North Korea on Saturday fired two presumed short-range ballistic missiles into the sea, South Korea’s military said.
The development came as Pyongyang continues to expand military capabilities amid deadlocked nuclear negotiations with the Trump administration and a crippling global health crisis surrounding the coronavirus.
South Korea’s Joint Chiefs of Staff said the projectiles were fired around 6:45 and 6:50am local time from an area around the county of Sonchon in western North Korea.
They flew 255 miles cross-country before landing in waters off the eastern coast.
South Korea and the US are analysing the launches. Seoul’s military urged the North to immediately stop its “very inappropriate” military demonstrations when the world is struggling to cope with coronavirus.
Japan’s Defence Ministry said the projectiles did not reach Japanese territory or its exclusive economic zone.
The North conducted two previous rounds of similar short-range launches and other military exercises this month after leader Kim Jong Un entered the new year vowing to bolster his nuclear deterrent in face of “gangster-like” US sanctions and pressure.
While the North is clearly determined to advance its missile capabilities, Japan’s Defence Minister Taro Kono said Pyongyang’s demonstrations could also be aimed at “bracing the regime together” amid the coronavirus crisis.
It was not immediately clear what North Korea tested.
Flight data released by the South Korean and Japanese militaries suggests the North could have tested one of its new mobile, solid-fuel missile systems it first demonstrated last year.
Military analysts say such weapons, designed to overwhelm missile defence systems with their manoeuvrability and low-altitude flights, potentially strengthen the North’s ability to strike targets in South Korea and Japan, including US bases there.
North Korea in recent months has also demonstrated what it described as a “super large” multiple rocket launcher, which experts say was likely tested earlier this month.
North Korea’s state media earlier reported Mr Kim had supervised an artillery firing competition between army units in the country’s west on Friday.
The KCNA said Mr Kim expressed satisfaction over the exercise that was aimed at evaluating combat readiness. The report did not mention any direct comments by Mr Kim towards Washington or Seoul.
Pyongyang’s official Korean Central News Agency also said on Saturday the North had decided to hold a session of its rubber-stamp parliament on April 10. It was not immediately clear what would be discussed.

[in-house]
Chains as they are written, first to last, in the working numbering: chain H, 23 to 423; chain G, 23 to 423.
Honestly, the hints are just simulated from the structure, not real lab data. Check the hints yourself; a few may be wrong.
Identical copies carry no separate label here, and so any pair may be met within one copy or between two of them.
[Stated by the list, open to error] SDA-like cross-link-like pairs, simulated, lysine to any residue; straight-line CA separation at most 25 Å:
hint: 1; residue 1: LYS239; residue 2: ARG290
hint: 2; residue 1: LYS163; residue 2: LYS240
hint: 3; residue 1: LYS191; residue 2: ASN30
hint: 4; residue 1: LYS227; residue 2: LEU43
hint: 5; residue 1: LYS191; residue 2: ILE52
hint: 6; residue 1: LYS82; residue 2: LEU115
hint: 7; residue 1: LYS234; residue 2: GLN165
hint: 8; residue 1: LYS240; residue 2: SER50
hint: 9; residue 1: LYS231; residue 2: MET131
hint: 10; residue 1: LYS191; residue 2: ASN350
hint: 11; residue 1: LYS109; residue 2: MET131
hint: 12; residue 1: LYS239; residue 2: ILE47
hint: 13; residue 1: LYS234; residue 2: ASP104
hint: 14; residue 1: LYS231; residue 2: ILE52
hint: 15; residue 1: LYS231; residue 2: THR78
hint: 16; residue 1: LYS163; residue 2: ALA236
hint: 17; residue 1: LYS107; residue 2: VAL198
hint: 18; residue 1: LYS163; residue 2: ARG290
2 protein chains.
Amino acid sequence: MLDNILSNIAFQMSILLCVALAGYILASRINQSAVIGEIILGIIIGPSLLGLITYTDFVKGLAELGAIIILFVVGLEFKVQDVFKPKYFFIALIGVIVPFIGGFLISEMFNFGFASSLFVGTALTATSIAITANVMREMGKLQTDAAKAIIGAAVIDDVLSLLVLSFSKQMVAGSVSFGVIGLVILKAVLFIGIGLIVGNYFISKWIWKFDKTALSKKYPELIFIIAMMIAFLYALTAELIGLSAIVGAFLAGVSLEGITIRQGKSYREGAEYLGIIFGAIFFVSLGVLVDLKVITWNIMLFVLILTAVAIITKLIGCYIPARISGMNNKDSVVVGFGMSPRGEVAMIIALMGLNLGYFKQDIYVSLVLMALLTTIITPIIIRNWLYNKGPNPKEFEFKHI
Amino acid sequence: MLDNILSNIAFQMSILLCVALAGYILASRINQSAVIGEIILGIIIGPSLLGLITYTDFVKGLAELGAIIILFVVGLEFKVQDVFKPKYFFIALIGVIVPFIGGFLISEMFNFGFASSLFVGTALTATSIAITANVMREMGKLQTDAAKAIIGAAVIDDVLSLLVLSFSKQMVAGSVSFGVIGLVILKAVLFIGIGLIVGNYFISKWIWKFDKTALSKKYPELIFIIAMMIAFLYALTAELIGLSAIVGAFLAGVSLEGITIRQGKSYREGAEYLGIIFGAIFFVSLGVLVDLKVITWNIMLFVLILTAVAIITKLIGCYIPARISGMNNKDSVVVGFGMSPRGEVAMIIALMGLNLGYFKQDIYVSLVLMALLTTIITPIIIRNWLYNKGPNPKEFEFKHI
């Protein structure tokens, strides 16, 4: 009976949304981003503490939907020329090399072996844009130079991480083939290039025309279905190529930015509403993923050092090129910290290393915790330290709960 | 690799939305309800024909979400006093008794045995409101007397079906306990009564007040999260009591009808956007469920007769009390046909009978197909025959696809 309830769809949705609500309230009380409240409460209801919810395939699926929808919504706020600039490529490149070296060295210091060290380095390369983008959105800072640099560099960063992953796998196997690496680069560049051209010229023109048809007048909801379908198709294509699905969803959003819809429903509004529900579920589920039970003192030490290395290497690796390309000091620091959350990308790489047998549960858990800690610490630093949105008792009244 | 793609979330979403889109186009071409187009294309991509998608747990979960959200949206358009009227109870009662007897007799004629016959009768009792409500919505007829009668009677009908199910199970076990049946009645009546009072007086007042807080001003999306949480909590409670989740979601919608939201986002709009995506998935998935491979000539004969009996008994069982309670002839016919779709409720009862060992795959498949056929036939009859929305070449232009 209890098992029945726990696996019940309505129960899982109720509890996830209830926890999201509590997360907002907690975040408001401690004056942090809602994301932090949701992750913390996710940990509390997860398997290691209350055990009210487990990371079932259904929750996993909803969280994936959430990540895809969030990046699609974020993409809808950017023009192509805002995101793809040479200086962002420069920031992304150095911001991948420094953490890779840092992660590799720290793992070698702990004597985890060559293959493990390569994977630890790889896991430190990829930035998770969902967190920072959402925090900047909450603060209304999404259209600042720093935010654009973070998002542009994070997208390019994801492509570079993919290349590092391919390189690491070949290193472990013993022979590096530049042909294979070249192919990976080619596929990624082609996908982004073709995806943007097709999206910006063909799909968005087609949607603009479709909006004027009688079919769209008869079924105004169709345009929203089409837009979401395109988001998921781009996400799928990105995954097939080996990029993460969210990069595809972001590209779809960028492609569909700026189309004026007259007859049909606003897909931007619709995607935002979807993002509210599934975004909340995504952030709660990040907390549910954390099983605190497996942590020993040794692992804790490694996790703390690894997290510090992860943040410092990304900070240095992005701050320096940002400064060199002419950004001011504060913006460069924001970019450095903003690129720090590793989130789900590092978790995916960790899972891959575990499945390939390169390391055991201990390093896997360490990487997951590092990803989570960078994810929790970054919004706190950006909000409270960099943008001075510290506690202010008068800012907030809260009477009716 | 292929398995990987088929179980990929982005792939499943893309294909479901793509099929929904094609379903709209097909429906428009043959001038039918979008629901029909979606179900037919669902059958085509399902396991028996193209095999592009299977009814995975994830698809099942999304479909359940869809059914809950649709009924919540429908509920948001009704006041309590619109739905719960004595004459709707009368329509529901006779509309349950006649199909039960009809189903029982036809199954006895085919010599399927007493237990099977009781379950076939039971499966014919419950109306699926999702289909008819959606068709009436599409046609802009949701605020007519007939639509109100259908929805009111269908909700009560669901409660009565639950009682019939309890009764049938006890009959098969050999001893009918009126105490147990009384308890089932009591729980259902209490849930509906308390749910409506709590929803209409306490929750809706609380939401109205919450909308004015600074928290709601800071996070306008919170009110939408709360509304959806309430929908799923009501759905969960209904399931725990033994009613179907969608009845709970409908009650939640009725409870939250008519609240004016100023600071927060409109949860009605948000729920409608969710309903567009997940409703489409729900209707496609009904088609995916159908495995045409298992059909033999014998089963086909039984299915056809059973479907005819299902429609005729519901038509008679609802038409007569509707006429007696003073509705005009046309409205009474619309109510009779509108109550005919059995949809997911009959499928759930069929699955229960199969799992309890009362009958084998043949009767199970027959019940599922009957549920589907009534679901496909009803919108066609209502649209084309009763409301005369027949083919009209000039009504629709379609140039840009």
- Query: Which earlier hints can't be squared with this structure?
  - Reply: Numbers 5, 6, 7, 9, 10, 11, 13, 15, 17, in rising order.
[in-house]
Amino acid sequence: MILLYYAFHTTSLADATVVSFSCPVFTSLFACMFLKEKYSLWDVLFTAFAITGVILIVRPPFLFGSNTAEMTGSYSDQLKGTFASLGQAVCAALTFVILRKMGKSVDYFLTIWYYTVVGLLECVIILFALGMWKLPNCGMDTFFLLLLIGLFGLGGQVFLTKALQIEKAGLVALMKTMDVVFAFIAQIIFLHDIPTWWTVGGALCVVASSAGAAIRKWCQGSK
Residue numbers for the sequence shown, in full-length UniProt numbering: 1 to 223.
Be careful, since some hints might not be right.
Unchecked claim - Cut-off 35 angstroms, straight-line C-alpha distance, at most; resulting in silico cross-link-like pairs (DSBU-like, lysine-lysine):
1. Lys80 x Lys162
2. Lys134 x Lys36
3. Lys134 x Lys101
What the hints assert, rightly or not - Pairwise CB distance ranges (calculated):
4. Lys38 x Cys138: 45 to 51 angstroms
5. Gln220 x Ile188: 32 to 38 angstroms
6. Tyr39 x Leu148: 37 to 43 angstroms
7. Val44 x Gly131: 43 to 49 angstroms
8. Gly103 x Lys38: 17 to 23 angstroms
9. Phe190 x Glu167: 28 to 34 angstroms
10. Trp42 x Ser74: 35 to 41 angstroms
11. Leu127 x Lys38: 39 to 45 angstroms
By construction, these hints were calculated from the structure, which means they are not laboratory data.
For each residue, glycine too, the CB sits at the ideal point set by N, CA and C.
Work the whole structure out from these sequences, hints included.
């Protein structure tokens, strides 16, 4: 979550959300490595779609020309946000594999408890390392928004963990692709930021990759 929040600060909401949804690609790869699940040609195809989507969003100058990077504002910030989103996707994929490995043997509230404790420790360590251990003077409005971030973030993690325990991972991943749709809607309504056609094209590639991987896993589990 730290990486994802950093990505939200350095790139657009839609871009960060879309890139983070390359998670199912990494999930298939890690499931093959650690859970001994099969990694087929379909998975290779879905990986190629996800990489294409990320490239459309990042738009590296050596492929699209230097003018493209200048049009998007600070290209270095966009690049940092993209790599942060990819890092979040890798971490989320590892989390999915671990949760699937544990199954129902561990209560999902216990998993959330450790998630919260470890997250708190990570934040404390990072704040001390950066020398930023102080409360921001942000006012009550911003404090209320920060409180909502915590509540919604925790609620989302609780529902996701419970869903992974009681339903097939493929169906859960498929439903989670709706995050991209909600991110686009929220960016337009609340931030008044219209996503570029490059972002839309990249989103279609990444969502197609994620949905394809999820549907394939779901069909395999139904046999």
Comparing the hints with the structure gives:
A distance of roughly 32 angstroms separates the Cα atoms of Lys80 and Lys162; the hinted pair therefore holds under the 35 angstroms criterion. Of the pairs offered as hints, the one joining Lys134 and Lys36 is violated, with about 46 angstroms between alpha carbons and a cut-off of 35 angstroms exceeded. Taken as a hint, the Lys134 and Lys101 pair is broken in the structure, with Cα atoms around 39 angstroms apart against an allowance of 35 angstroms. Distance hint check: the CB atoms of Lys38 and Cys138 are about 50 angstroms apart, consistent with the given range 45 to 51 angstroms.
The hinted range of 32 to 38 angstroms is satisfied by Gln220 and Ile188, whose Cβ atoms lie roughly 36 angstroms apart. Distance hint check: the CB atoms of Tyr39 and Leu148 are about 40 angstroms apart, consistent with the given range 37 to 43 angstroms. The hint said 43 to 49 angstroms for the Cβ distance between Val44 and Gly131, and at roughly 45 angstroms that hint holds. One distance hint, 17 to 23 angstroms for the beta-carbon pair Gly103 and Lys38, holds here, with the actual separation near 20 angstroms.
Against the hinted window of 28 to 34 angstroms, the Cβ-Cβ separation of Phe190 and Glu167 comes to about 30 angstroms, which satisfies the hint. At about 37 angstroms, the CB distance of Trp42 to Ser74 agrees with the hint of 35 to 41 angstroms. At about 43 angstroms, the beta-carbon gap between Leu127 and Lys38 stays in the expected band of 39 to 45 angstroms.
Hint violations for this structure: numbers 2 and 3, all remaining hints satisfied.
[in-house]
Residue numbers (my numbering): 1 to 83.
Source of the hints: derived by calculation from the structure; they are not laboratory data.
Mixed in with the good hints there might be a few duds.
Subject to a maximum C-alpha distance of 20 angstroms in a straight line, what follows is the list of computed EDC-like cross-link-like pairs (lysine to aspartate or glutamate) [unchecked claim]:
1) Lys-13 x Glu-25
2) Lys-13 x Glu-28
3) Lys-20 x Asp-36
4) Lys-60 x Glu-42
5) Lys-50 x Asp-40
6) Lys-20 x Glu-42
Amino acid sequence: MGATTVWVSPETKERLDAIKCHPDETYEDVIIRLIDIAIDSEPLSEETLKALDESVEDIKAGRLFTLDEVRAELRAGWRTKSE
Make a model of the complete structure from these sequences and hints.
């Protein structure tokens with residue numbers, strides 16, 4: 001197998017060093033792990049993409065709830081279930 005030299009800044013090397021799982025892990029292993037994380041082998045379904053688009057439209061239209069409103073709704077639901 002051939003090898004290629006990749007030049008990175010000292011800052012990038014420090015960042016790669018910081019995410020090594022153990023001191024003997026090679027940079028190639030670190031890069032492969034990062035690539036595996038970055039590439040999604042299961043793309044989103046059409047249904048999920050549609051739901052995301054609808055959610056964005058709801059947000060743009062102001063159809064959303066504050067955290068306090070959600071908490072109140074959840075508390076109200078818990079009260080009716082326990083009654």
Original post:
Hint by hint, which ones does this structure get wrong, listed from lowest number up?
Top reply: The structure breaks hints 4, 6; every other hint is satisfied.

Nuclear talks have been locked in a stalemate since the collapse of the second summit between Mr Kim and President Donald Trump in early 2019, when the US rejected North Korean demands for major sanctions relief in exchange for a partial surrender of its nuclear capabilities.
Following the breakdown in talks, the North ended a 17-month pause in ballistic activity and conducted at least 13 rounds of weapons launches last year while pressuring Washington and Seoul for concessions. Those weapons also included a developmental mid-range missile that could be launched from submarines.
Some experts say the lull in North Korean launches between November and March could have been caused by the coronavirus pandemic, which started in mainland China in December.
Mr Kim has vowed to build up his nuclear arsenal and achieve a “frontal breakthrough” against sanctions while urging his nation to stay resilient in a struggle for economic “self-reliance”.
But some experts say North Korea’s self-imposed lockdown amid the coronavirus crisis could potentially hamper his ability to mobilise people for labour.
North Korea has not publicly confirmed a single case of the COVID-19 illness, but state media have described anti-virus efforts as a matter of “national existence”.
Experts say an epidemic in North Korea could have dire consequences due to the country’s poor health system and shortage of medical supplies.
The country has banned foreign tourists, shut down nearly all cross-border traffic with China, intensified screening at entry points and mobilised health workers to monitor residents and isolate those with symptoms.